Sexual harassment and attacks on women in Egypt were a problem before the January 25 revolution, but in the two years since the Arab Spring came to Cairo, the problem has grown worse.
Violent assaults - groping, stripping and rapes have become increasingly frequent at the heart of the uprising, Tahrir Square.
Sexual assault in Egypt, activists say, has become a weapon of war against women. Many have long stayed silent, but not anymore.
One of those making their voices heard is Ragia Omran, a prominent lawyer, human rights activist, and feminist. She talks to Al Jazeera about the women abused in Egypt, the role of women, and why she refuses to stay silent.
"It is everywhere. Look at the US rape by minute is crazy. Our society uses that as an excuse. There are a lot of girls veiled and they will still get harassed. I do not agree to that idea. People spoke out, it is not an excuse. It could be anyone ... The political Islamic groups do have a role in preventing women and other groups from going out and protesting against the policies."
- Ragia Omran, a lawyer and human rights activist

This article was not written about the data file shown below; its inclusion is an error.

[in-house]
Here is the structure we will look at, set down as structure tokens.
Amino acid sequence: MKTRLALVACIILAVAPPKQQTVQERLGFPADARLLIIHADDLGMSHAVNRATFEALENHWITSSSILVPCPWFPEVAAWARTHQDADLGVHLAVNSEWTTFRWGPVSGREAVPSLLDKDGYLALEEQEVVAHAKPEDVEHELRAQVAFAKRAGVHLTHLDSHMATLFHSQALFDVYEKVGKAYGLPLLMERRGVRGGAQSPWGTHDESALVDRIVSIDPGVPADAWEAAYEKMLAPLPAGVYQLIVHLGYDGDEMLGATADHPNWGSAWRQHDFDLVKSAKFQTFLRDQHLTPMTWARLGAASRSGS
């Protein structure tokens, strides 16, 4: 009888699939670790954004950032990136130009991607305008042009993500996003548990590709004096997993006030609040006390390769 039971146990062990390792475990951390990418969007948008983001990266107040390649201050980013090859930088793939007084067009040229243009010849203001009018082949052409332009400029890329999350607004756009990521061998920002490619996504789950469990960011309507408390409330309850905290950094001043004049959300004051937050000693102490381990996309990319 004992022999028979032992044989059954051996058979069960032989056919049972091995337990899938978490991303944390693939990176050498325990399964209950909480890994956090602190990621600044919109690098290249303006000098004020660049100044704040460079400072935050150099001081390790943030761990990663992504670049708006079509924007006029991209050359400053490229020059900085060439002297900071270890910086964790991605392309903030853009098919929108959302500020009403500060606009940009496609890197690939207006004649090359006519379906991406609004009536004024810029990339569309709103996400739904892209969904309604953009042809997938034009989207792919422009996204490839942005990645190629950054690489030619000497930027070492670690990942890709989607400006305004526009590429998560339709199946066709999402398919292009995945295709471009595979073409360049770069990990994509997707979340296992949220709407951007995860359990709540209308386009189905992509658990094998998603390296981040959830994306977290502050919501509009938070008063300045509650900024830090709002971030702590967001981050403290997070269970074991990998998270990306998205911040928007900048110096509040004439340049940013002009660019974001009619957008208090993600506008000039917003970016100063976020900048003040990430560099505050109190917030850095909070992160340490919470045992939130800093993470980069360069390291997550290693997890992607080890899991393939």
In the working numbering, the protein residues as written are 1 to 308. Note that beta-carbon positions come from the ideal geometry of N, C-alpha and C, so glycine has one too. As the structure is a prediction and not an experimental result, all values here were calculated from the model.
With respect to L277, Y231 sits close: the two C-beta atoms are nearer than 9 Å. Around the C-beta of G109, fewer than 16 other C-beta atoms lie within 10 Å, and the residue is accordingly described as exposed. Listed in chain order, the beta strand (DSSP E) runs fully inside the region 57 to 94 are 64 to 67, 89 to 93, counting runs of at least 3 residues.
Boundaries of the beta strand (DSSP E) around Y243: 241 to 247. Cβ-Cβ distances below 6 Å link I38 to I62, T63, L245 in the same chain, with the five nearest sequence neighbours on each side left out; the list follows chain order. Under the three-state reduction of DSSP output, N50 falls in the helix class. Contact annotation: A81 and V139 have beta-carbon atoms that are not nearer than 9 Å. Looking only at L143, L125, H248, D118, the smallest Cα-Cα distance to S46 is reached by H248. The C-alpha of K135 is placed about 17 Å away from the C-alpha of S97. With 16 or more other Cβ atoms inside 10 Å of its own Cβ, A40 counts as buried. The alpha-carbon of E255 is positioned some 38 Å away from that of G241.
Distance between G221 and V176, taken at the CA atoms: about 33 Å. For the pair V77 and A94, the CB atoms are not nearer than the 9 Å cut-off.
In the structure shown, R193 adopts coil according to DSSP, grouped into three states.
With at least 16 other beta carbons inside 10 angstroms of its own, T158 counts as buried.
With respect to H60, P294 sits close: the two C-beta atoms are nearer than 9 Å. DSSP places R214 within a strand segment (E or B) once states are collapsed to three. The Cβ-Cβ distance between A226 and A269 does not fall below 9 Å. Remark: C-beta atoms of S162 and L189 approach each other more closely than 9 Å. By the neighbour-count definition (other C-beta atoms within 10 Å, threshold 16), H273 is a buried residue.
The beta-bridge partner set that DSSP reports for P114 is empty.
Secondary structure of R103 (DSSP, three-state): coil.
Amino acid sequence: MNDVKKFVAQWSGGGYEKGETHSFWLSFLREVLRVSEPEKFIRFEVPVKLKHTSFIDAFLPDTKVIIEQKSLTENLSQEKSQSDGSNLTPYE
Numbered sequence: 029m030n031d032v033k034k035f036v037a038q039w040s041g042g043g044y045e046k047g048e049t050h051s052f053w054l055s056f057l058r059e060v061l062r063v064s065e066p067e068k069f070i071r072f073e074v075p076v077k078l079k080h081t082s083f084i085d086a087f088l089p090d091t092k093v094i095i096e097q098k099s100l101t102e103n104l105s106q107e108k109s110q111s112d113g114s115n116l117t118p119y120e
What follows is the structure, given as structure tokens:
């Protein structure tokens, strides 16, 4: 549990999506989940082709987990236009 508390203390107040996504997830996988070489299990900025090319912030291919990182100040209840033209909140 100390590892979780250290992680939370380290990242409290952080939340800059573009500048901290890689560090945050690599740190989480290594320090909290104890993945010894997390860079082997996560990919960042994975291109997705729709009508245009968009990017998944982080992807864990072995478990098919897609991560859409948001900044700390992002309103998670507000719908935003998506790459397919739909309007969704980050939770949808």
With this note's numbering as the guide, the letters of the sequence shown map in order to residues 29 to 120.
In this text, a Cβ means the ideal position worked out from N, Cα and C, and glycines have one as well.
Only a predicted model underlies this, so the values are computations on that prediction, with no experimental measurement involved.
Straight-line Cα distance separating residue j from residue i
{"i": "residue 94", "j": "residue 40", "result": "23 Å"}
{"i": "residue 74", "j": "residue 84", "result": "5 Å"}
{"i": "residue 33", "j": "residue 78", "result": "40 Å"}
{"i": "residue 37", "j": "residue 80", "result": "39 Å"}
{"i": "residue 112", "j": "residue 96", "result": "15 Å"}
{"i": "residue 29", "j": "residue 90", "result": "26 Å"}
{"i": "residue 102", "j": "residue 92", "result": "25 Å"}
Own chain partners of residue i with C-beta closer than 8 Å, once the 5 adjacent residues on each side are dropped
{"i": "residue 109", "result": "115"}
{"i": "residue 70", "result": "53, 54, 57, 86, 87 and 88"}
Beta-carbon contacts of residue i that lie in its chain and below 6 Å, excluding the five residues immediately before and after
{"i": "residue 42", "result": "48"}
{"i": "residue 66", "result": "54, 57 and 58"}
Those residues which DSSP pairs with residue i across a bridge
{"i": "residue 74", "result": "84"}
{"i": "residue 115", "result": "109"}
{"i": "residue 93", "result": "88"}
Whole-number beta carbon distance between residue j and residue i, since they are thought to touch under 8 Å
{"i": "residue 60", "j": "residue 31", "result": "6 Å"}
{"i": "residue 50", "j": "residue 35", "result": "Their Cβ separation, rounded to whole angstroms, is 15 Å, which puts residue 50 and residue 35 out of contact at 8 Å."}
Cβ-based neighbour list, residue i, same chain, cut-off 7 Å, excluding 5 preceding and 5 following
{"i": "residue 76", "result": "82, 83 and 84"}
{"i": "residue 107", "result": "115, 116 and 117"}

"Egyptian women have always historically participated in public life ... not only as protesters but also defending people. The role of women threatens. We are in a patriarchal society. Women are a big part of the group demanding more rights, there is a strong sense of women empowerment, however the society is not accepting that.
"If we look at the discourse used by the Muslim Brotherhood and the regime towards women ... it is all related to sexuality and the body. It is never related to issues of equal pay … these tapes you mentioned that has become an epidemic is part of the plan to get different groups of people not to participate in Tahrir. It is very alive and it will not stop," says Omran.
On January 25, 2013, during the commemorations of the second anniversary of the movement that toppled Hosni Mubarak, there were at least 19 reported cases of attacks on women in and around Tahrir Square.
Omran explains the impact the attacks are having on Egyptians: "Activists and bystanders managed to record some harrowing videos of how the attackers swarmed their victims.
"There could be groups that do that to make the regime look bad. The thing is that if you look at the discourse, there was a discussion and the comments made are quite disappointing, why do they go to Tahrir? The TV channels say that kind of stuff and it is brainwashing to people. We do not have to defend who we are and why we are going down [there]. Even in the parliament the discussion about the laws giving power to women, there were discussions to get rid of them because people said it’s Suzanne Mubarak laws."
Concerned citizens and activists have set up teams to try to protect female demonstrators because they do not trust the police to intervene.
But Omran remains hopeful: "There is a rising awareness ... Egyptians are very active, to fight this. I don’t think it will get worse .... There has been a draft law. Hopefully legislation will pass."